In this video, you will use the PHP form you created previously to read the form parameters, and use them to construct an SQL INSERT statement and send it to the database.
- [Instructor] In this movie, we will learn to create new records in the database by using submitted form data. Let's start by reminding ourselves what an SQL insert statement looks like. We have insert into, and then the name of the table we're using, and then in parentheses we have a comma delimited list of the different columns we're going to be providing values for. Doesn't matter what order they're in, but the values have to correspond to the same order. And then you can see in the continuation there, we have values, and then in parentheses, the different values as a comma delimited list that matches the same order as the columns that we had above.
So that's the SQL insert statement that we're going to be composing, and then we're going to be sending that in as our query to MySQLI Query. That's different from what we were doing when we were using select, and we were asking for it to select records, now we're going to be using an insert. And when we're doing a insert, we're not going to need a subject's ID anymore, like we did when we were finding a single record. Right, we're creating a new record, we're saying hey, SQL, here's a batch of data, create a record with it. That data is usually from form data.
And that makes sense because a form allows us to provide a lot of information that we want to put in that record. However it doesn't have to come from a form. For example, when you click a like or favorite link on a blog post, it could tell SQL to create a new record there too. That wouldn't be from a form, it would just need to know the user ID and the blog post that was being favorited. And with those two bits of information, it could create a new record to mark that as a favorite. When MySQLI Query runs with an insert statement, instead of returning a record set, it returns only true or false, letting you know if it succeeded or failed.
Now when we do a new insert, we don't always know what ID MySQL assigned to that new record. And it doesn't return it to us when it returns back a value, it only returns true or false. So the way to find out what ID was created is to use another function called MySQLi insert ID. And then you provide the connections and argument. It basically says, hey MySQL, I just gave you an insert statement, you just created a new record. I'd like to know what ID you assigned to it. Can you tell me that. And that's what it does, it returns it as a separate call.
So after the record's created, if you need to know what ID it was, this is the way to retrieve it. So in my project, for subjects, I already have a page for create new subject. And I have a form here that I can submit, and once I fill it all out, I can hit create subject, it sends that form over to create.php. Let's remind ourselves that that's what we had done here. In new.php, I have some code up here at the top which I'm actually just going to remove, we don't need any of that code, so let's just remove that out of there. And let's save it. And then down here you can see that the action on my form is to go to create.php.
That's different than what we did on some of our other forms. Later we learned about single page form submission, this is two page form submission. The new.php is going to submit to create.php. And here's what create.php looks like. It's just a form processing page, it doesn't display any HTML, all it does is say hey, was this a post request? If it was, process the form. If it wasn't, then send the person back to the form. That's all we have there. So what we want to do now is change this code. If it's a post request, then, let's not just display it, let's actually send it to the database.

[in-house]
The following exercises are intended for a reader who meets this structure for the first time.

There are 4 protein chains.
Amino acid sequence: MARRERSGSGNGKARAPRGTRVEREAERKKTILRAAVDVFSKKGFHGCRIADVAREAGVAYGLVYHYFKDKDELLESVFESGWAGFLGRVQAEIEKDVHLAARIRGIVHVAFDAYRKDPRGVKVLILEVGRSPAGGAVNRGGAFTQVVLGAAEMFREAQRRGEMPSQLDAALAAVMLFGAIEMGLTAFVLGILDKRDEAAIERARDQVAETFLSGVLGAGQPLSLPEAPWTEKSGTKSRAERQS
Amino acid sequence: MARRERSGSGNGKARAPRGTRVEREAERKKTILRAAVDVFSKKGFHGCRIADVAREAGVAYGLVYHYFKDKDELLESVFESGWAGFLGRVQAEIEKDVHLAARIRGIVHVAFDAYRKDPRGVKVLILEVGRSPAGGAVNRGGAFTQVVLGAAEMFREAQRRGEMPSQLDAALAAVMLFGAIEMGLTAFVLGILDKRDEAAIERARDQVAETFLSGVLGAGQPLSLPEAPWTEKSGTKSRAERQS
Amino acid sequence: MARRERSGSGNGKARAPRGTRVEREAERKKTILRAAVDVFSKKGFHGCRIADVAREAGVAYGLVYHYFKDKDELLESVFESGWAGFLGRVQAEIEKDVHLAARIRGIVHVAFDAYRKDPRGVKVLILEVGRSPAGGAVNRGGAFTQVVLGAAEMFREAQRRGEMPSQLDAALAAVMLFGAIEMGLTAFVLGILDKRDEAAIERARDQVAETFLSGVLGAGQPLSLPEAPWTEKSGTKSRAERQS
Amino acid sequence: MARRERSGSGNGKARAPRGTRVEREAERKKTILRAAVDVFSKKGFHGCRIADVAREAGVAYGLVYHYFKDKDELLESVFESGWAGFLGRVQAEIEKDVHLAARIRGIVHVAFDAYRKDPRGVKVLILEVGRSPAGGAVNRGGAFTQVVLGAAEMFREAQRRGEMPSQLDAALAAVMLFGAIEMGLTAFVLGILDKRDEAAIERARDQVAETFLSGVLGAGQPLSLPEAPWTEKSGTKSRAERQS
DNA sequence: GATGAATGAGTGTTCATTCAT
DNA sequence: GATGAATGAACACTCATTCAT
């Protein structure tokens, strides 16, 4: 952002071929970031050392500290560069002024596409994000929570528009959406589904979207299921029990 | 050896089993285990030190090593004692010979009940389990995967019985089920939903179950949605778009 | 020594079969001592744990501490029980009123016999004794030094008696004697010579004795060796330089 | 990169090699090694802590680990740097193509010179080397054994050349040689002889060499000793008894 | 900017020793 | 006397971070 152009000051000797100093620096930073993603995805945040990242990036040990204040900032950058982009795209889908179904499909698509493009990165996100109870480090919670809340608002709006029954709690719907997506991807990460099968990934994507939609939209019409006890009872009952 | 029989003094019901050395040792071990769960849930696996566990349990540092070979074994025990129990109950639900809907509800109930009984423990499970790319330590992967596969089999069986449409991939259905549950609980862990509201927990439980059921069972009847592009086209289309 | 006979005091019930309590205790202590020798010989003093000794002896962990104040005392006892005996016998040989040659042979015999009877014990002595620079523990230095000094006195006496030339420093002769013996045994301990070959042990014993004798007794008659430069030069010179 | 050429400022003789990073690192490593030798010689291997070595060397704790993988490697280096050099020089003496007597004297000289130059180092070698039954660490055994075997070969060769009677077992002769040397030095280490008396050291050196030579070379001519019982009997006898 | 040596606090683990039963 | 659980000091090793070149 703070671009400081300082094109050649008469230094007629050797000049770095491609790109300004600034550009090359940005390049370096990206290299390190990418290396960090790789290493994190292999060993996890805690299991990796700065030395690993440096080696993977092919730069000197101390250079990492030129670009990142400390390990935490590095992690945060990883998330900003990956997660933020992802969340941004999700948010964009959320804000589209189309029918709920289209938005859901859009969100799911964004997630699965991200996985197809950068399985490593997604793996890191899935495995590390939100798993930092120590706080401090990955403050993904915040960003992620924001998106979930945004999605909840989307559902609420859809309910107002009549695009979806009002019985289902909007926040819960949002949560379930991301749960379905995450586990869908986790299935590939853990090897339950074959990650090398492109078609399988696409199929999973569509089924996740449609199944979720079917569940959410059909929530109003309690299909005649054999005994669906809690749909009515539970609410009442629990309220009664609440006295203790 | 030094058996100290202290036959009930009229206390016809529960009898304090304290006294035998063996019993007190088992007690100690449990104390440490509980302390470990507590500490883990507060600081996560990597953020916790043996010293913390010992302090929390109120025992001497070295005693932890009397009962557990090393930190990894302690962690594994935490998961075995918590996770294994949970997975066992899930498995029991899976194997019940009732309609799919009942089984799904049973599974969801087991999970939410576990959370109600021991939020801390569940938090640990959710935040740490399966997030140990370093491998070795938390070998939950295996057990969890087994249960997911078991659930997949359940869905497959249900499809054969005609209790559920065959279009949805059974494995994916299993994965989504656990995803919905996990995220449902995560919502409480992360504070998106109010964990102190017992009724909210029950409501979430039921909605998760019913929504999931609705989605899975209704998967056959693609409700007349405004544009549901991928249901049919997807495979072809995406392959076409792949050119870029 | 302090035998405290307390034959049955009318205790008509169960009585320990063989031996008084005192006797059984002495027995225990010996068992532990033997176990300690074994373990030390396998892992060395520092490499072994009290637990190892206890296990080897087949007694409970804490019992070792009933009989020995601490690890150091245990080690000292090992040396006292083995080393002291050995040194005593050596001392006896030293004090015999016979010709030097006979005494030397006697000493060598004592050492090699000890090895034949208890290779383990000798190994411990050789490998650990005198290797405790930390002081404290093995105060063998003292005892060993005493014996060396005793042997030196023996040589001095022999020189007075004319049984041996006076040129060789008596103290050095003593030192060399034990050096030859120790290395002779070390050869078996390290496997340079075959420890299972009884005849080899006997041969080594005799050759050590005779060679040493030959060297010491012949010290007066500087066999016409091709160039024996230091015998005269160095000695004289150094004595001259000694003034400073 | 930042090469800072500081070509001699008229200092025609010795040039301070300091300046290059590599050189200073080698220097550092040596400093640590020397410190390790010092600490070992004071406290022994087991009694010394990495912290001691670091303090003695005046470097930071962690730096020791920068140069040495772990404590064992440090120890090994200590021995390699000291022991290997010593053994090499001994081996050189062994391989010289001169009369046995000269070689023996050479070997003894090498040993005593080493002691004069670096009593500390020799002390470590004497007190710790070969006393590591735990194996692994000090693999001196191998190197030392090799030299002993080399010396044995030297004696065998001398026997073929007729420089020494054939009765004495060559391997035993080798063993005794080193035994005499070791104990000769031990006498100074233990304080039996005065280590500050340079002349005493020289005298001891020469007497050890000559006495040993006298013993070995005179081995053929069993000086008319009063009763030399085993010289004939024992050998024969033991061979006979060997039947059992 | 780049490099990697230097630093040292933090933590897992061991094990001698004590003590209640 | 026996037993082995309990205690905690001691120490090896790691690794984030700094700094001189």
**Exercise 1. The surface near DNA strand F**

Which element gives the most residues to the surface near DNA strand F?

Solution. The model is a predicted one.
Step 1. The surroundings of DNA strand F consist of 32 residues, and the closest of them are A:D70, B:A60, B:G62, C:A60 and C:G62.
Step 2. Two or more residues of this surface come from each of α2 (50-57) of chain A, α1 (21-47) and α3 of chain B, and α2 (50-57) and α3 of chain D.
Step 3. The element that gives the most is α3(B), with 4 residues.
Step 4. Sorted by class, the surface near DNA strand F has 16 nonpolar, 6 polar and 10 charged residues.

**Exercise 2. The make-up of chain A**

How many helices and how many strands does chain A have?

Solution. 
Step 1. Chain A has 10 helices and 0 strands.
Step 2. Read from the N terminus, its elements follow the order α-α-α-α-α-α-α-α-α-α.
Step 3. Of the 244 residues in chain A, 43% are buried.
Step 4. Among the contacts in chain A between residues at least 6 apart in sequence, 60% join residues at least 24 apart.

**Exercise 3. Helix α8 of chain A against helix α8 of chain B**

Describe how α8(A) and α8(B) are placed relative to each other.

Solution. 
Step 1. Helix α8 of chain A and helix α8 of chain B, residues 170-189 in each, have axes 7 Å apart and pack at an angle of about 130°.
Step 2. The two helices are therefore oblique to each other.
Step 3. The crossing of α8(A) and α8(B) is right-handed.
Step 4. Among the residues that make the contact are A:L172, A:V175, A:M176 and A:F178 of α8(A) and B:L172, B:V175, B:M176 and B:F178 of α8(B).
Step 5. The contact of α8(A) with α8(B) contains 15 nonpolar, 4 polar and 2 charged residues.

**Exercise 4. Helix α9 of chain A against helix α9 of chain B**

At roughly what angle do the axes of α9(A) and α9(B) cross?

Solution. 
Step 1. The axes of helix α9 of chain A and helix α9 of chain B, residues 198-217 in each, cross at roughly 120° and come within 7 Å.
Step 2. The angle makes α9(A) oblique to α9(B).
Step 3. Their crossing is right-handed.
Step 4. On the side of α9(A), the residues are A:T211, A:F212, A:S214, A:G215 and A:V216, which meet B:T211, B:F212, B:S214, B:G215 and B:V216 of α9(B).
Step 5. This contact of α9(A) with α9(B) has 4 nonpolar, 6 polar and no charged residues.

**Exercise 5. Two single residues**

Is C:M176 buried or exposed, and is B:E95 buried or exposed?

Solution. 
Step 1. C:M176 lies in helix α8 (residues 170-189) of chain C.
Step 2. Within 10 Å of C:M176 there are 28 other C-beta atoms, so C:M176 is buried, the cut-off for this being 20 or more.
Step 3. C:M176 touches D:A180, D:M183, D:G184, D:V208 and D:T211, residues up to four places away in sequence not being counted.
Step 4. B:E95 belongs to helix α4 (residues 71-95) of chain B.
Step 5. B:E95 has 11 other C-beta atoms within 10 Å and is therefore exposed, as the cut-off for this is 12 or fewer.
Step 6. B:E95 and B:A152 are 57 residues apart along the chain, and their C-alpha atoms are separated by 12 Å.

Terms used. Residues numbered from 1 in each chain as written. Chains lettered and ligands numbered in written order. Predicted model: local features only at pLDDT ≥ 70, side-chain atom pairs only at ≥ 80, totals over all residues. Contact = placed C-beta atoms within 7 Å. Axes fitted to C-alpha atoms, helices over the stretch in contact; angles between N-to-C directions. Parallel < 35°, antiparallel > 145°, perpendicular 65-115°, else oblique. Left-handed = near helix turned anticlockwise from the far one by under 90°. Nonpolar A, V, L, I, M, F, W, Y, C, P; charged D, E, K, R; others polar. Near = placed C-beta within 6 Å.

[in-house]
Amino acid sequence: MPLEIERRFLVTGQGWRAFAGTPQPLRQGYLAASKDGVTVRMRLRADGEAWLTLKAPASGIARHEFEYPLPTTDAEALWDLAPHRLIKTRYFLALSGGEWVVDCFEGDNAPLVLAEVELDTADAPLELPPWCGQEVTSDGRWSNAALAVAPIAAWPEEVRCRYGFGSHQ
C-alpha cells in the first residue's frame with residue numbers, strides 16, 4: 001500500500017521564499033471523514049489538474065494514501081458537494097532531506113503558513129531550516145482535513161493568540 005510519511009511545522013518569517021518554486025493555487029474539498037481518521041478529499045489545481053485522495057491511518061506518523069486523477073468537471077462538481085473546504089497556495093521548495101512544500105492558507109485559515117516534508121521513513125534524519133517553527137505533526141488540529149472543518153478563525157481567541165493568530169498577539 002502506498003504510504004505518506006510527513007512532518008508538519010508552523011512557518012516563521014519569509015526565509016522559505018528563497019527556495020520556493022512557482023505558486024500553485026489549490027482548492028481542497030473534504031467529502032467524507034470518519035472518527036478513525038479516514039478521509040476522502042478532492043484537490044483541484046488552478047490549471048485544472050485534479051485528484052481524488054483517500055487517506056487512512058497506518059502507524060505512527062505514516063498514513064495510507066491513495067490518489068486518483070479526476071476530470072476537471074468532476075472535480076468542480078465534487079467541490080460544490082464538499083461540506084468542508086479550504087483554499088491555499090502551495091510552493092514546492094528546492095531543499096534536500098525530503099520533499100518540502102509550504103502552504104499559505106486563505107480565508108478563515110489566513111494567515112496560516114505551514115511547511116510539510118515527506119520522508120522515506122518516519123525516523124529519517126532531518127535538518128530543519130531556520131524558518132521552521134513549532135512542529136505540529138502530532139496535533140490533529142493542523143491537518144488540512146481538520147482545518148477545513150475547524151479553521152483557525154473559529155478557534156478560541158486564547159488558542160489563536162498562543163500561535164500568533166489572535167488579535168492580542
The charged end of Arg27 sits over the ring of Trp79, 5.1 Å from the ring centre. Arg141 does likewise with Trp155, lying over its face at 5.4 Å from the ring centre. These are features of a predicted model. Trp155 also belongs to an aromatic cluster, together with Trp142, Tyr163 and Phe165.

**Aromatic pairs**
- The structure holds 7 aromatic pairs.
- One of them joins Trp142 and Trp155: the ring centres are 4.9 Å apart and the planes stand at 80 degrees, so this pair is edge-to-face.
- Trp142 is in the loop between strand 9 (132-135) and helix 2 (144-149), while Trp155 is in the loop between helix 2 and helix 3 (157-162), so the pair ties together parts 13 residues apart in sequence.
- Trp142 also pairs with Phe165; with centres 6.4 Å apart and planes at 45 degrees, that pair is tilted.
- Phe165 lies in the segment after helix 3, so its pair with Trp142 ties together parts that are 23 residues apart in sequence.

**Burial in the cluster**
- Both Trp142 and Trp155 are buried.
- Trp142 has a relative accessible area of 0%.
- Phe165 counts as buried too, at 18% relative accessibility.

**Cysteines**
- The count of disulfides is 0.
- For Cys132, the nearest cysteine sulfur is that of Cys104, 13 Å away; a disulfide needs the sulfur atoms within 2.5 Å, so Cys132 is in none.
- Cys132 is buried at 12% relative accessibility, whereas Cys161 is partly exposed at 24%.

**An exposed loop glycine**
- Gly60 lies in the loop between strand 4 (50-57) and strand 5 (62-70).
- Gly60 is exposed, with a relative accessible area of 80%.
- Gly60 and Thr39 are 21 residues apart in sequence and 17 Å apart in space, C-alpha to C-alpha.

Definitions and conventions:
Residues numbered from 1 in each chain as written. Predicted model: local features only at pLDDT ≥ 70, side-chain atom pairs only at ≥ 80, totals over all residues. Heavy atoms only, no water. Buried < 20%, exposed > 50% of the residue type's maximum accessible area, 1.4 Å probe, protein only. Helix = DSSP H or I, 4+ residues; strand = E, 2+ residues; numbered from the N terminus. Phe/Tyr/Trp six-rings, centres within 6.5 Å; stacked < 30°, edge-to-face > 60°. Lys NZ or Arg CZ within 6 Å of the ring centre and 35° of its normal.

So let's make those edits. We still want to have all of this code here where we're setting up the variables and initializing them. But what we want to do is change this so that we're constructing SQL. So let's change this to instead be SQL equals, and let's remove what's in here. And let's start writing our SQL. Insert into subjects, and then a space, and then I'm actually going to go to a new line, SQL dot equals, and then let's put in the names of our different columns. So we have menu name, we have position, and we have visible.
Notice that I'm leaving out ID, I'm not providing the ID. And then I need a space at the end of this. And then let's start a new line, SQL, equals, and this one is going to be values, space, and I'm going to open my parentheses, and then I need to actually have my values. So I'm going to change these down here, just going to copy this real quick. Let's replace all these echoes with that. There we go. Now instead of menu name, this needs to be, single quotes.
Single quotes around menu name. So that's going to be the first one. Alright, just a single single quote. And then we need a comma at the end. Now even though this is broken up on separate lines, don't let this confuse you. I've got single quotes around the value, here's the value, another single quote here, and then a comma at the end of the line. A space is optional, you can put a space here or not, it doesn't really matter. So let's do the same thing for all of those. Just a single quote, and a single quote with a comma.
And the same thing here. Single quote, now this last one, it's very important that we do not put a comma at the end. It's the last one, there's nothing after it, we'll get an SQL error if it has a comma there. So do not put a comma after the last one. And then, let's close our SQL, because remember we have to have that closing parentheses at the end. So values is from here down to here. Now I broke these up into separate lines because later we're going to be working with them more. That's the reason why I did it this way, because this is a good format for some of the work we're going to do in the future.